Where are we exposed to COVID-19? One in four Ottawa cases linked to social settings outside household
Ottawa Public Health released a graphic showing where people are exposed to COVID-19 in Ottawa. (Graphic courtesy: Ottawa Public Health)
OTTAWA -- Ottawa residents are being exposed to COVID-19 in homes, backyards, cottages, bars and restaurants and during events with family and friends like birthday parties, weddings and house warmings.
Ottawa Public Health says one in four residents who tested positive for COVID-19 during the first two weeks of September were exposed to the virus at social gatherings in indoor and outdoor settings. One in two cases of COVID-19 through the first two weeks of September were linked to household contacts with confirmed cases of COVID-19.
Speaking with reporters Wednesday afternoon, Dr. Jennifer LeMessurier of Ottawa Public Health said social interactions in indoor or outdoor settings with members outside of household bubbles are "a major driver" of transmission in Ottawa.
Ottawa Public Health reported 64 new cases of COVID-19 in Ottawa on Wednesday, after 105 new cases of novel coronavirus were announced on Tuesday.
Ottawa Public Health released data on Ottawa residents who have tested positive for COVID-19 during the first two weeks of September. OPH says it found:
- One in two people who tested positive have been exposed to the virus through their household. Ottawa Public Health notes the first person with COVID-19 in the household obtained it while in the community.
- One in four people who test positive are exposed to the virus from members outside of their household through social interactions in indoor or outdoor settings.
- One in 10 people who test positive without an identified close contact may be exposed to the virus in areas where we are seeing neighborhood clusters.
- Three per cent of people who tested positive for COVID-19 are linked to a school outbreak
- One in three people over the age of 40 that tested positive for COVID-19 were exposed through an outbreak to the virus, particularly in long-term care or retirement homes
"Transmission is occurring through people connected by social interactions, in complex networks across the city," said Dr. Jennifer LeMessurier of Ottawa Public Health.
Ottawa Public Health released a graphic showing the different exposure sites for COVID-19 in Ottawa, saying, "Exposure occurs in a variety of settings."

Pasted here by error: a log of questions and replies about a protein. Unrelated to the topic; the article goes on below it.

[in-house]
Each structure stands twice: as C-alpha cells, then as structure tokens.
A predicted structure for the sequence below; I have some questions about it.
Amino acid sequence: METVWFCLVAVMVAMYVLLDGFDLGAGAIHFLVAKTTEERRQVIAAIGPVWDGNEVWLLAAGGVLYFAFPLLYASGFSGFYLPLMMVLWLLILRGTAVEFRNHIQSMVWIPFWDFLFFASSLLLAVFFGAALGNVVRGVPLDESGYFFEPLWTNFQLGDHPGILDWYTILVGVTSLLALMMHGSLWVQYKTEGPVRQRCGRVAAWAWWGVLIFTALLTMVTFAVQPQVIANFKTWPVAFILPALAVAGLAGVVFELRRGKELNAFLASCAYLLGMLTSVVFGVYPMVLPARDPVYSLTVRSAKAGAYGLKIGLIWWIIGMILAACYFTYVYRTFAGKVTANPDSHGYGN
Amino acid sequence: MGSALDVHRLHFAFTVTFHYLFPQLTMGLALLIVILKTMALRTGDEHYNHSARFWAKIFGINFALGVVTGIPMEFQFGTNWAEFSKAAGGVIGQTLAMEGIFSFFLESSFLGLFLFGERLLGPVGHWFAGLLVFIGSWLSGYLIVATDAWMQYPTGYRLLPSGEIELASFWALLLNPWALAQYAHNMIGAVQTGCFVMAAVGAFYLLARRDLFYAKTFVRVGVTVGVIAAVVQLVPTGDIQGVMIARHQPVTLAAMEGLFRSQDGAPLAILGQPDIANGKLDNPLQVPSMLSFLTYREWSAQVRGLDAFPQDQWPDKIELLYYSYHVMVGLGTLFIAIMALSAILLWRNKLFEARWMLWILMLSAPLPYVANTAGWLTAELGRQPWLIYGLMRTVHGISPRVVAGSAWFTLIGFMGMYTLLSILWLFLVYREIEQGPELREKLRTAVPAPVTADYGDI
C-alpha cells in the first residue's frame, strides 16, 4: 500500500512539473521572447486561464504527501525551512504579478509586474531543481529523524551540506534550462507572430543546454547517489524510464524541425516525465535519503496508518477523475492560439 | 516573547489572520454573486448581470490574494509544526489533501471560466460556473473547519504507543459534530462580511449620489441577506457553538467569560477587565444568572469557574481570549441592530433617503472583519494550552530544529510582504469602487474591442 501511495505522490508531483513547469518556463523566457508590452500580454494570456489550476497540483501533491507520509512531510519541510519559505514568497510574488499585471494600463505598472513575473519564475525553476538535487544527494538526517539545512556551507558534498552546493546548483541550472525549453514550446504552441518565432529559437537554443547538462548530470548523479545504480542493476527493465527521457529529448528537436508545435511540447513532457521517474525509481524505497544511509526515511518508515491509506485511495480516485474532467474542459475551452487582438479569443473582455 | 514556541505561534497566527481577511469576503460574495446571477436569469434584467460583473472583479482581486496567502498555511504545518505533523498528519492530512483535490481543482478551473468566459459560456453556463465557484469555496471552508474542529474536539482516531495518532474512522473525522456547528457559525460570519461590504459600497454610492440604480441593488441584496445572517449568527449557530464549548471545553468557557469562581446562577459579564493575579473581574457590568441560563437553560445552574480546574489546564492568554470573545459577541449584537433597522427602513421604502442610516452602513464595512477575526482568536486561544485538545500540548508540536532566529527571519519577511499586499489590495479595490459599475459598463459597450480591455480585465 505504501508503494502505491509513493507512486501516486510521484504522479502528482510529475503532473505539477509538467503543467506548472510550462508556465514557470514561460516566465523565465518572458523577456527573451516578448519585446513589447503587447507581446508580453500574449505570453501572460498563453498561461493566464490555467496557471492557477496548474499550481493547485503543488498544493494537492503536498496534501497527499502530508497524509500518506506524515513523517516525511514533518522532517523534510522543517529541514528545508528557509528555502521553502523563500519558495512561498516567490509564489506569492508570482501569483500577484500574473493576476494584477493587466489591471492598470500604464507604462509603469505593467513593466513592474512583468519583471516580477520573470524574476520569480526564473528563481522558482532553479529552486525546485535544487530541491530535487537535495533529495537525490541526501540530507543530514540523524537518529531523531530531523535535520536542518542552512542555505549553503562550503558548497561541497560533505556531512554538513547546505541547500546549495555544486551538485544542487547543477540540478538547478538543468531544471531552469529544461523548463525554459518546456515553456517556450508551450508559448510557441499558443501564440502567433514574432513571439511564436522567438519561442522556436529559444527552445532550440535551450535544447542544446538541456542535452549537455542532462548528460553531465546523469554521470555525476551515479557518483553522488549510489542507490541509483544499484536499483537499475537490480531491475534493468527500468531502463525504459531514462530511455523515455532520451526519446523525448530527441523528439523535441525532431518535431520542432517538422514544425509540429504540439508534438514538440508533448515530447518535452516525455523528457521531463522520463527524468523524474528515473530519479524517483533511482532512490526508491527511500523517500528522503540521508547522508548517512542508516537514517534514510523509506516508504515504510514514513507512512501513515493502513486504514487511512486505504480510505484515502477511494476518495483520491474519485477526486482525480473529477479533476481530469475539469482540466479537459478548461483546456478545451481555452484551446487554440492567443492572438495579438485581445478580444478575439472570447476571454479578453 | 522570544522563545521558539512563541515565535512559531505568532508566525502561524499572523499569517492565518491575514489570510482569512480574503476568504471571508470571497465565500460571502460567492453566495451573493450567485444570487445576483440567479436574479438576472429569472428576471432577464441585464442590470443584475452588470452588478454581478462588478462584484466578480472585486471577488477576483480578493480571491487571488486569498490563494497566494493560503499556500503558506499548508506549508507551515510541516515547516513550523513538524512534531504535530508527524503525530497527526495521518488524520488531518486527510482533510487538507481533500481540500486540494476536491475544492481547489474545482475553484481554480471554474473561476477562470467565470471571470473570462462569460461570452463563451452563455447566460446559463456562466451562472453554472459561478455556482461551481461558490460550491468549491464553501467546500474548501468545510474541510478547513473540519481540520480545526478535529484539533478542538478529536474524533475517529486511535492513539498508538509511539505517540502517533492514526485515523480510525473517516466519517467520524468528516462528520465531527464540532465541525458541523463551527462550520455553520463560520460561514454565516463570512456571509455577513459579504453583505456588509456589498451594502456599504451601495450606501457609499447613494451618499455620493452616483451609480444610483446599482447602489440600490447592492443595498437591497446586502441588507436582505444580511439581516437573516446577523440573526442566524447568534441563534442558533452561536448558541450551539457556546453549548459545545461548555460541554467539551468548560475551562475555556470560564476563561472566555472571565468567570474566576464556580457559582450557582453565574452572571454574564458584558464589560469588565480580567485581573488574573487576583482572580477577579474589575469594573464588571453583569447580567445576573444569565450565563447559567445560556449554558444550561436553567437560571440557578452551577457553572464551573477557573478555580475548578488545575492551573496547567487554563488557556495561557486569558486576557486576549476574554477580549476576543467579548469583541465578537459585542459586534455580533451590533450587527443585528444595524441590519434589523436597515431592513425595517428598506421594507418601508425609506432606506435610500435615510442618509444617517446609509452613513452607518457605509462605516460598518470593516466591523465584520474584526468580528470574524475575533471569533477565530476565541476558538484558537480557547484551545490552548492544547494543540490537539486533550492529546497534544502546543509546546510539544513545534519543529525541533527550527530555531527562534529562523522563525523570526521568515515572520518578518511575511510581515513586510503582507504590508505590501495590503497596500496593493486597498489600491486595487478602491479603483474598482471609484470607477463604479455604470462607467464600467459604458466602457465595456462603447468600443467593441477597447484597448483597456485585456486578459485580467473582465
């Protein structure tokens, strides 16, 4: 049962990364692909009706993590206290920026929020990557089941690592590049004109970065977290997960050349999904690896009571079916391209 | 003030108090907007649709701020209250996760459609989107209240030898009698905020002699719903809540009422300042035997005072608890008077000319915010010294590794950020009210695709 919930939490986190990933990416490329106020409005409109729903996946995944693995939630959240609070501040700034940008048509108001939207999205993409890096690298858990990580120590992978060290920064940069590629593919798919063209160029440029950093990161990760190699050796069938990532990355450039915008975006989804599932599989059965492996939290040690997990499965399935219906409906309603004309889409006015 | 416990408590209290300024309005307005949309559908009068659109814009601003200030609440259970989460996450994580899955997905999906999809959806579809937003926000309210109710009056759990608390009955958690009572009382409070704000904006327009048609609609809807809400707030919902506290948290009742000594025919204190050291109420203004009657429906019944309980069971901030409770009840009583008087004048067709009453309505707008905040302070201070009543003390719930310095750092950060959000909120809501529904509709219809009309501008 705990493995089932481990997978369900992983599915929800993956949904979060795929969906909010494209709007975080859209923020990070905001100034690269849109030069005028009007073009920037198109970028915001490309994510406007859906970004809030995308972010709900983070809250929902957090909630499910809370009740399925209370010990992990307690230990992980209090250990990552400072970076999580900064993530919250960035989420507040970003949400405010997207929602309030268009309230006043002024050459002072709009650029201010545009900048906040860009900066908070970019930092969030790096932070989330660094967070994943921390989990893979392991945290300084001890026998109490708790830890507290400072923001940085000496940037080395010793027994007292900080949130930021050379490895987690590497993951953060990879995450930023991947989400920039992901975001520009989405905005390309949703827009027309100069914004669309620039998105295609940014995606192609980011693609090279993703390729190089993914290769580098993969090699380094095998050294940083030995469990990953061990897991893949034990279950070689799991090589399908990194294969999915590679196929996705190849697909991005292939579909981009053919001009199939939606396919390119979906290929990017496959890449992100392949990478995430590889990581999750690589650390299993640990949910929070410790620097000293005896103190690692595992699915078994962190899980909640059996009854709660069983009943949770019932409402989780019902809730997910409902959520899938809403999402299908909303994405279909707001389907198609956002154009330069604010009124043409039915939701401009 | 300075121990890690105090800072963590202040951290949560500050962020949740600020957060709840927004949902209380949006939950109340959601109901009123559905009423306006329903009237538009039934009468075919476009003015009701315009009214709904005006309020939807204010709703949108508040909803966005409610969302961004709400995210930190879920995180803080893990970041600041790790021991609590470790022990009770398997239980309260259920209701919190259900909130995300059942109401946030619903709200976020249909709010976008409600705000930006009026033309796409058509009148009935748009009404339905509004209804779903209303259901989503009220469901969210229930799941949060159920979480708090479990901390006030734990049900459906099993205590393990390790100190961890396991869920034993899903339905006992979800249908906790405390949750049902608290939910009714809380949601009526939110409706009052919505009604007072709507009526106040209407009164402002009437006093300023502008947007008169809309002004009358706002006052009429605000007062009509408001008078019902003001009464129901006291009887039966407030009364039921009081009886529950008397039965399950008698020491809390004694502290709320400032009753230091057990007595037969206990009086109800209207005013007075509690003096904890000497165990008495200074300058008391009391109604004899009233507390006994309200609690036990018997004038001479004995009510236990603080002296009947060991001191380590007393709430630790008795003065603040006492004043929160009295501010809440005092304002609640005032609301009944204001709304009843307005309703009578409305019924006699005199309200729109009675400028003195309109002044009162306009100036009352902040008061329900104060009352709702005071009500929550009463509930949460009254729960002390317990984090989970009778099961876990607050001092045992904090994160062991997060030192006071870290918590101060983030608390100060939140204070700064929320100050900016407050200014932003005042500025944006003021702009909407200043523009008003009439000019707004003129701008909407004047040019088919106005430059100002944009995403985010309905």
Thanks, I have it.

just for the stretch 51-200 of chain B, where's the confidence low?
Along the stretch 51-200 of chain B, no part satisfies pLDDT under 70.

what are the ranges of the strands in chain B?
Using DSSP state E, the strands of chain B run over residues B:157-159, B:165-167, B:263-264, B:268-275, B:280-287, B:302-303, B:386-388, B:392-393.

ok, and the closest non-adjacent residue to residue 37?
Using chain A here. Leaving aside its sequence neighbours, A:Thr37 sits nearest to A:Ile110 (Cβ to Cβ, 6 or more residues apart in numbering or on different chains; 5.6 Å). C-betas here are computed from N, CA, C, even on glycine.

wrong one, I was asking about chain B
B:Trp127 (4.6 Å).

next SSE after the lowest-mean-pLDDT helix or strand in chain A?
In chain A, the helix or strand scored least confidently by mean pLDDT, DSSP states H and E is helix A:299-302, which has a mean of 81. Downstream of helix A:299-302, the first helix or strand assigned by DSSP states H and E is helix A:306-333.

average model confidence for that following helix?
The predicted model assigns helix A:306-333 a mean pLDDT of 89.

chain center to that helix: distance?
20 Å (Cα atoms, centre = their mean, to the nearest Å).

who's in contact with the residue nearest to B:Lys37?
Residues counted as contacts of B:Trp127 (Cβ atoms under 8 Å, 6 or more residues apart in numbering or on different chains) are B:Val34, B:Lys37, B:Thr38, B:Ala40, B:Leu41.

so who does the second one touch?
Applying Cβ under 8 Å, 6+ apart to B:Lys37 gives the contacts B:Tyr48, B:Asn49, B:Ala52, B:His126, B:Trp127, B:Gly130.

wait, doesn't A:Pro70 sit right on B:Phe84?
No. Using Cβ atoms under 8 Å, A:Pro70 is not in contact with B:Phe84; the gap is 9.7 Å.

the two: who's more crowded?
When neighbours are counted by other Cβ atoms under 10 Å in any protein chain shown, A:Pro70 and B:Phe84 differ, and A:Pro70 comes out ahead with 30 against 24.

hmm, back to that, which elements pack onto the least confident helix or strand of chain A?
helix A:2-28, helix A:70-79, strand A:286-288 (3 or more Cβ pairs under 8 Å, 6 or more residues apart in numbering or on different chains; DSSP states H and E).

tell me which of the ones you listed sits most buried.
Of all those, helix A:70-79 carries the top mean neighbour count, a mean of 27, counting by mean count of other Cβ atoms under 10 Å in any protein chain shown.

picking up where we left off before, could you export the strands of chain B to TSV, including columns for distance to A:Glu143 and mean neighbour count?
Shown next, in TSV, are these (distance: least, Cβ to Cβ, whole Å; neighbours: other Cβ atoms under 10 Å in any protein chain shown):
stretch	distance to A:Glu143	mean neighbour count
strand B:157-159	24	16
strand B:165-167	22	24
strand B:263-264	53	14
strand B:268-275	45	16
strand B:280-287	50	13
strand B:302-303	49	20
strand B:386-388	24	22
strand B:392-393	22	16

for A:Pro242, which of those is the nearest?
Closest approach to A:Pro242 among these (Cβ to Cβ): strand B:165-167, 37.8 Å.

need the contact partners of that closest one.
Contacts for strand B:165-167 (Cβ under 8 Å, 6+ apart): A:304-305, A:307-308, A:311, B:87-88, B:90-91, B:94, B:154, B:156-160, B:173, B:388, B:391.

The graphic, titled "COVID-19: Where are we exposed?" shows COVID-19 cases linked to lunchrooms and other shared employee areas at offices, indoor gatherings, daycare centres, outdoor gatherings like parks and barbecues, schools, travel and in bars and restaurants when dining with those outside of your household bubble.
Dr. LeMessurier told reporters that social interactions in indoor or outdoor settings is a "major driver of transmission in Ottawa and is happening at social gatherings."
"In places like homes, backyards, cottages, short stay apartments, hotels, restaurants and bars, during events with family and friends like birthday parties, weddings and house warmings."
Dr. LeMessurier added Ottawa Public Health is seeing those gatherings within the Ottawa region, but also learning of settings where people have been exposed by travel to Quebec and elsewhere in Canada.
Ottawa Public Health said the one-in-four people exposed to COVID-19 through social settings had been in several locations, and it is difficult to pinpoint the exact moment of transmission.
"It's really about the exposure, so they've identified that these are places they've been in the days preceding their diagnosis," said Dr. LeMessurier.
"What we're noticing is that in some cases, we're seeing people have been lots of different places where're they've been at risk of exposure to the virus."
Limit close contacts to your household
The medical officer of health is urging people to limit their social gathering to a few close contacts, mainly the members of your household.
"The best way to limit your exposure to COVID-19 is to practice physical distancing and limit your close contacts to those with your household, and one or two essential supports like childcare and caregivers," said Dr. Vera Etches, Ottawa's Medical Officer of Health.
"Additional layers of protection include wearing a mask, staying home when sick and washing your hands regularly."
The medical officer of health is asking people to be careful with their contacts as the COVID-19 transmission rises in the community.
"I am advising that you don't go out to a restaurant with (people) outside of your household if you're going to eat and drink, which is generally what you do in restaurants, because that becomes close contact. Then you're sitting within two metres without a mask on," said Dr. Etches.
"I'm asking people to be more careful right now. We can't manage the level of COVID in our community continuing to grow."
With Thanksgiving just over a week away, Dr. Etches is recommending people avoid large gatherings for the holiday and keep dinner to people in your household.
"I'm recommending against travelling, adding to your household beyond that."